Substrate- This is the base material that gives a PCB its thickness. For most printed circuit boards, this is usually fiberglass or kapton. The substrate, often known as FR4, gives the PCBs the rigidity required to hold several components in place. The thickness and weight of the substrate will vary from one manufacturer to the other.
Solder-starved joint- In soldering, a solder-starved joint is the point of a bond formed by molten solder that did not receive as much solder as required. Solder starved joints can be caused by a wide range of factors including incorrect soldering temperatures, poor contact between the solder and iron tip and use of poor quality solder. A solder-starved joint often develops cracks with time, forms poor bonding of components and is thus generally unreliable as a contact point especially in soldered electrical components.
Solder- Solder is the metal alloy commonly used to join work-pieces that include sheets of metal, wires, plumbing and other elements common in soldering. The alloy is designed to have a melting point that is lower than that of the components it joins. Without this characteristic, the work-pieces would probably be damaged by the solder or even before the solder effectively binds them.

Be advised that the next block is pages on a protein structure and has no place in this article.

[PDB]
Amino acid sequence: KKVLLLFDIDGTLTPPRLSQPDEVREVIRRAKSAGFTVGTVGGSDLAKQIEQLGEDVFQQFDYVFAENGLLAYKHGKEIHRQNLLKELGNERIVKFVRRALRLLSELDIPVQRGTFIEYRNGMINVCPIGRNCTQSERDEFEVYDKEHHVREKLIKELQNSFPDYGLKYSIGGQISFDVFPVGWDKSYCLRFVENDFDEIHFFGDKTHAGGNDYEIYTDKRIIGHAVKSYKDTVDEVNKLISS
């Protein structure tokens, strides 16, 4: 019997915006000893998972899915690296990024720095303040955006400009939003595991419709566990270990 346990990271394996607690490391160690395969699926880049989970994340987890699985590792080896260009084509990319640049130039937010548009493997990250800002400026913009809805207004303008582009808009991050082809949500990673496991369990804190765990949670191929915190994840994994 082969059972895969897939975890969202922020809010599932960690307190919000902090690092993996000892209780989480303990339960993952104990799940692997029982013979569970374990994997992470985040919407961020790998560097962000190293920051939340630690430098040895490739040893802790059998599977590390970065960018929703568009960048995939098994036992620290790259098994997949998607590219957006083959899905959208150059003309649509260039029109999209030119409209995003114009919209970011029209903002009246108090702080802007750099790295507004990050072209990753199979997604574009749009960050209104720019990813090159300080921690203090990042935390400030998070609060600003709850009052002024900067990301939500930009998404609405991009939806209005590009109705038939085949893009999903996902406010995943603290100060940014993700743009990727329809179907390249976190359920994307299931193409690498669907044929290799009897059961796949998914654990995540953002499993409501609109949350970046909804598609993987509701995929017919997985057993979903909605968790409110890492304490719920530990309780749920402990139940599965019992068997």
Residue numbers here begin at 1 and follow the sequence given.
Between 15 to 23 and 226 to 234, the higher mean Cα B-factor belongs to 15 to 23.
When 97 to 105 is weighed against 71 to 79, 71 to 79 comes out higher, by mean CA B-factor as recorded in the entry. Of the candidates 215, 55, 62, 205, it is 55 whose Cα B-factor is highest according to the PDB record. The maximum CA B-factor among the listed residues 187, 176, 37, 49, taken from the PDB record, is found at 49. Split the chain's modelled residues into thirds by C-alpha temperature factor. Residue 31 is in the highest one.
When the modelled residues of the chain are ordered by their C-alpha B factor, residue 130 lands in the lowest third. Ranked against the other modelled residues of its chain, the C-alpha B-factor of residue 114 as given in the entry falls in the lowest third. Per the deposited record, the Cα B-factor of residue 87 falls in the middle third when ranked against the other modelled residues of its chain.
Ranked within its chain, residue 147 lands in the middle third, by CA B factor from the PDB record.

Soldering- This is the process by which solder is heated using an external heat source and melts to flow into joints and make bonds between metals.
Soldering iron- It is in essence a small, often hand-held tool that could be power or gas operated depending on a variety of factors that melts solder from a source of heat to join various elements known as work-pieces. A soldering iron is made of four components, the power cord –for electric soldering irons- , the tip, thermostat control and the grip. There are various types and configurations of soldering irons.